Photo: Fig. (illustrative purposes only)

French and Polish farmers’ protests cost hauliers millions

Despite the best efforts of the French and Spanish authorities, the recent protest by farmers at the border between the two countries has caused severe congestion. 

You can read this article in 4 minutes

The Federación Interregional de Asociaciones de Transporte hs summarised the additional costs incurred by hauliers affected by the congestion. Meanwhile, logistics operator DSV has summed up the losses incurred by the logistics industry as a result of the farmers’ protests in Poland in March this year. The sums run into the millions.

The authorities and services of both Spain and France realised that the protest would have a huge negative impact on road freight transport between the two countries. An average of 10,000 lorries cross the border at Biriatou every day, with the heaviest traffic on Monday when drivers working in international transport set off after a weekend rest. 

Despite cooperation between the French and Spanish authorities and a coordination protocol between services on both sides of the border, the impact of the protest on freight traffic was not mitigated. After a 24-hour border blockade, vehicles were stuck in a traffic jam for 12 hours in the Spanish province of Gipuzkoa.

Spanish hauliers are outraged. The Interregional Federation of Transport Associations (Federación Interregional de Asociaciones de Transporte) calculates the losses companies suffered as a result of the farmers’ action last Monday.

“For every hour of downtime, a haulier loses €55. In 36 hours, 15,000 vehicles give us a result of 30 million euros in losses. Who compensates for this? The aggrieved party in all this is, as always, the transport sector,” the organisation claims.

Over €40 million per day

Operator DSV – Global Transport and Logistics has also presented an analysis on the impact of the farmers’ protests on the transport industry.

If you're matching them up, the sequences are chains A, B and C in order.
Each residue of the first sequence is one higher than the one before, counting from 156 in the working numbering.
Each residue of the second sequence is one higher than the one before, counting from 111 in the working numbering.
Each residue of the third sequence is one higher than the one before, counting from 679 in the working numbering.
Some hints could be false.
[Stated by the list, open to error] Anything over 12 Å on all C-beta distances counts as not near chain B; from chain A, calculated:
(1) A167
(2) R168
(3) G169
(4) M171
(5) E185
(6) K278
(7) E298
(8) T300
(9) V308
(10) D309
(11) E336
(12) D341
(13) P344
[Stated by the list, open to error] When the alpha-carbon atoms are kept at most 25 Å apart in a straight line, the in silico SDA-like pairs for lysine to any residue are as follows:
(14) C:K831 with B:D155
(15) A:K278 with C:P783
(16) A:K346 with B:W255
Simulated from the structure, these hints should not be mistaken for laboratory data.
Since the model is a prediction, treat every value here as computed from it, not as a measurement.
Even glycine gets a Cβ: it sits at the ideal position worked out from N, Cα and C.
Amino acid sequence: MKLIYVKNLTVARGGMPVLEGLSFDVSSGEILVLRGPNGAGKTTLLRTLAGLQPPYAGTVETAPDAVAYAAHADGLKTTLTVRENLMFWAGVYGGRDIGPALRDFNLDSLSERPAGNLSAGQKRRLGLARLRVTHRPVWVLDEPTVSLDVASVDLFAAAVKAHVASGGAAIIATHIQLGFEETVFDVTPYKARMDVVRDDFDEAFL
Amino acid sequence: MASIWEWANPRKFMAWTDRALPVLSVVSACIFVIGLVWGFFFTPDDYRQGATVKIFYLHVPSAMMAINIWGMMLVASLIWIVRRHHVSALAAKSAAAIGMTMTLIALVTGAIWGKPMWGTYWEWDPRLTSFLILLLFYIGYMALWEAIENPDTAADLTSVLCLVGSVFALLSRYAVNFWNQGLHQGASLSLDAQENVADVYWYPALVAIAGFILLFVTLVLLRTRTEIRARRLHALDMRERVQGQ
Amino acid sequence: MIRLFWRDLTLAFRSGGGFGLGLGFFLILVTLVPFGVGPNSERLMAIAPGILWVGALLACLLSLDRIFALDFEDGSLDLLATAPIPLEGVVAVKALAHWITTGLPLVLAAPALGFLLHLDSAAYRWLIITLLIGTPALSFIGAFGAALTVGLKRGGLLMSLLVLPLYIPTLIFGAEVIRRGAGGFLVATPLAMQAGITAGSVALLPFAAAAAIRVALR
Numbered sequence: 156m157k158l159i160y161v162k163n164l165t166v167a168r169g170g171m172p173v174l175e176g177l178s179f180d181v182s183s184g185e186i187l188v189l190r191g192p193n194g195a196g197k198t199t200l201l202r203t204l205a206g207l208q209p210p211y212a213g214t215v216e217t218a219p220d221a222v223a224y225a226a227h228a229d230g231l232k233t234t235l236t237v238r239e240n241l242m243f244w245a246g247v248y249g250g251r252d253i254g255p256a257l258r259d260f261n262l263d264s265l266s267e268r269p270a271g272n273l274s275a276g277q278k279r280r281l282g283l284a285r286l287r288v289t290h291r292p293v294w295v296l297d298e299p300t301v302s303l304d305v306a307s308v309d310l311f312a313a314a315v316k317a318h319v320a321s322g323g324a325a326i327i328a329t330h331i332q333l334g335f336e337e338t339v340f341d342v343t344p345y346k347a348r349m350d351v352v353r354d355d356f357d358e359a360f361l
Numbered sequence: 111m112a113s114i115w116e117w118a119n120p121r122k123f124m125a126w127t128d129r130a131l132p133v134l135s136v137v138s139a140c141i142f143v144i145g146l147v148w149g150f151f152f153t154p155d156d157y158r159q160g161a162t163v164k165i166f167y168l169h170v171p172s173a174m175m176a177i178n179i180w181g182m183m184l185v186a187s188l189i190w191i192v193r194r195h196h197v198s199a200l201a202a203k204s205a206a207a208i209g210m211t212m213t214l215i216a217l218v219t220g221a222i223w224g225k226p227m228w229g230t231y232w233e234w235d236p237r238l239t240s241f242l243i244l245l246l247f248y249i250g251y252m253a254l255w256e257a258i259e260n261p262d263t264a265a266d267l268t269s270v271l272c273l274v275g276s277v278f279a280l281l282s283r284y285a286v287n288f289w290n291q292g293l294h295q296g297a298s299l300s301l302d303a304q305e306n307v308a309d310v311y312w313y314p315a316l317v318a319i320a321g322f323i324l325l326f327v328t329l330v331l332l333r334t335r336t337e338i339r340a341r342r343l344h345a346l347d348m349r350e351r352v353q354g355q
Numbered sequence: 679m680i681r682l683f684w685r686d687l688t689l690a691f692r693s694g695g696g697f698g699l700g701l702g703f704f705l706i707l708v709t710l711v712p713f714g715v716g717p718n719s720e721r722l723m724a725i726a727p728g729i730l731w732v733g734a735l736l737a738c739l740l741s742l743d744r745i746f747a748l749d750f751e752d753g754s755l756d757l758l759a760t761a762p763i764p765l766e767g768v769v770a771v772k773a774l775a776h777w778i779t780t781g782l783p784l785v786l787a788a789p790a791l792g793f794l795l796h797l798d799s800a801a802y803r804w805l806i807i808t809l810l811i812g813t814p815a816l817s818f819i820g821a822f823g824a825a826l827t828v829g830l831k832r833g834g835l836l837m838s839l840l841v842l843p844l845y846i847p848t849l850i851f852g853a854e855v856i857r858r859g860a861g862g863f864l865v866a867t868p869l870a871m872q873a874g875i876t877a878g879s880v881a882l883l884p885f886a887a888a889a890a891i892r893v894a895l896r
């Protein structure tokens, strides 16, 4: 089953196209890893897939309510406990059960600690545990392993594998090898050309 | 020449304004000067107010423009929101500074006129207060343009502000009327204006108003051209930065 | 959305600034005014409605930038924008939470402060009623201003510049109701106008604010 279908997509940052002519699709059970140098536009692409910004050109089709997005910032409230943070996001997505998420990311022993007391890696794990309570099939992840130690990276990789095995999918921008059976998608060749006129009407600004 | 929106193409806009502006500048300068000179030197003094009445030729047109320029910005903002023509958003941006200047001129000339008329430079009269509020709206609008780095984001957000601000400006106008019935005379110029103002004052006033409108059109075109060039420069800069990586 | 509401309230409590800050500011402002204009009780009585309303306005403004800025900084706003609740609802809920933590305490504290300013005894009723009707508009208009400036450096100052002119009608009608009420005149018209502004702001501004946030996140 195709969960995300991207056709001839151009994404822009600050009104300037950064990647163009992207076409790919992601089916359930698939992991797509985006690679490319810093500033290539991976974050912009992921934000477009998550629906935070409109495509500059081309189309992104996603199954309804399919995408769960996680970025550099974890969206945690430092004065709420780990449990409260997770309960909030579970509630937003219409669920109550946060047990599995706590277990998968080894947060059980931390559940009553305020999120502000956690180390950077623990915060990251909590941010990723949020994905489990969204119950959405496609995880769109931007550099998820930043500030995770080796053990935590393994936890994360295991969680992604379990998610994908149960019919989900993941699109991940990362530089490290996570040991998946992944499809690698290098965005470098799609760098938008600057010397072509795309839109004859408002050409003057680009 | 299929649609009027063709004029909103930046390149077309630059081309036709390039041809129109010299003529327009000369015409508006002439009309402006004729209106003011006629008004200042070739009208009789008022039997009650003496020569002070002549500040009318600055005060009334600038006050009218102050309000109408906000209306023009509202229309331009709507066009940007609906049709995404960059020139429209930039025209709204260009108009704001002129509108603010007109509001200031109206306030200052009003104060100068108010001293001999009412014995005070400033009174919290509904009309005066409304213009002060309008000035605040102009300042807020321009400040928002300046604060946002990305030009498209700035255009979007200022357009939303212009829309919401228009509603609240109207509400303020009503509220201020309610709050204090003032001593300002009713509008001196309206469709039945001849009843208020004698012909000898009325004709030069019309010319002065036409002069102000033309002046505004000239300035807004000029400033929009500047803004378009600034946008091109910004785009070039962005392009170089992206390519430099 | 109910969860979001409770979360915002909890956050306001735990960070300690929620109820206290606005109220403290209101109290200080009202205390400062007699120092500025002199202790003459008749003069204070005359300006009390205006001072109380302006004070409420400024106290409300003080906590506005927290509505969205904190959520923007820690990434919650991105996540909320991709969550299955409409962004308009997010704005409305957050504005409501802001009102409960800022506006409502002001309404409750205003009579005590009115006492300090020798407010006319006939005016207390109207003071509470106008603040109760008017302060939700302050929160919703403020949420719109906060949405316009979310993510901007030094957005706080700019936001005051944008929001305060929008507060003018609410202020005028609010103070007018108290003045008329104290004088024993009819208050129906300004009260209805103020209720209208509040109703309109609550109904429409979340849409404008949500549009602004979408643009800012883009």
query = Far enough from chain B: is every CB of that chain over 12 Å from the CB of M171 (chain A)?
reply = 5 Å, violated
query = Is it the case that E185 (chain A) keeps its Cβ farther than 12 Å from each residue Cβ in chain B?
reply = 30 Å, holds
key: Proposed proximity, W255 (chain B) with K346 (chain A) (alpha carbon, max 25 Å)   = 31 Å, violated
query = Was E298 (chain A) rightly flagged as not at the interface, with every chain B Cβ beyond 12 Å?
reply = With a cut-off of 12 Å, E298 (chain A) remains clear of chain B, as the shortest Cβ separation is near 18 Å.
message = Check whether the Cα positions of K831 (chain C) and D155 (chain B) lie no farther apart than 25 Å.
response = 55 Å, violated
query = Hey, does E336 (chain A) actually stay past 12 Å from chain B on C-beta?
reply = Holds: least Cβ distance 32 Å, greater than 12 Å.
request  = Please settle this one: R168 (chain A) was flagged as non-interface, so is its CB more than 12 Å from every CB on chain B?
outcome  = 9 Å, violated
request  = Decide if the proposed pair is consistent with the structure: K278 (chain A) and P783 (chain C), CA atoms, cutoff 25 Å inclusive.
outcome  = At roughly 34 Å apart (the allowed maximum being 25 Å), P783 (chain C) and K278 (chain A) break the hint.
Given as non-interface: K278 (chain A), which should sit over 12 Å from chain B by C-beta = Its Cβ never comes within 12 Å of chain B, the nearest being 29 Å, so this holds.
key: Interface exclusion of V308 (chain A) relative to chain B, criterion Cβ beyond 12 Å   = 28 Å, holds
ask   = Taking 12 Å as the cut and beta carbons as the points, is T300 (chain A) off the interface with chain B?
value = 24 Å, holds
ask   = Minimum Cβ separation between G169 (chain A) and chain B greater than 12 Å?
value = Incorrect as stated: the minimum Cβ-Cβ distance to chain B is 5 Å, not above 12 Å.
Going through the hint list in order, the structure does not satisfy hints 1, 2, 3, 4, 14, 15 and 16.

More specifically, the company estimated the losses hauliers suffered as a result of the protest actions organised by Polish farmers in March this year. The operator recalls that at the time, roads were blocked in more than 500 locations in different parts of the country.

“According to (…) estimates, the events of 19 March impeded the movement of up to 30% of heavy goods vehicles moving on Polish roads that day (with 1.3 million such units registered in Poland),” the analysis stated.

According to DSV, the delays caused by the blockades were felt most in the domestic transport sector, primarily due to “short contractual delivery times compared to international transport services.”

“Assuming that 1.3 million heavy goods vehicles travel on Polish roads every day, with the average delay of a means of transport estimated at 3 hours and current freight rates, this results in a loss of PLN 450 (approx 104 euros) per vehicle. According to these estimates, the losses to hauliers on this account may therefore amount to as much as PLN 175 million ( approx 40.6 million euros) per day nationwide,” estimates the operator.

DSV analysts also analysed operations at Poland’s largest sea and air ports. In this case, the March agricultural protests did not have a major impact on their operations.

“As a significant proportion of deliveries and collections at these types of terminals take place at night, major disruptions to schedules were avoided,” the study added.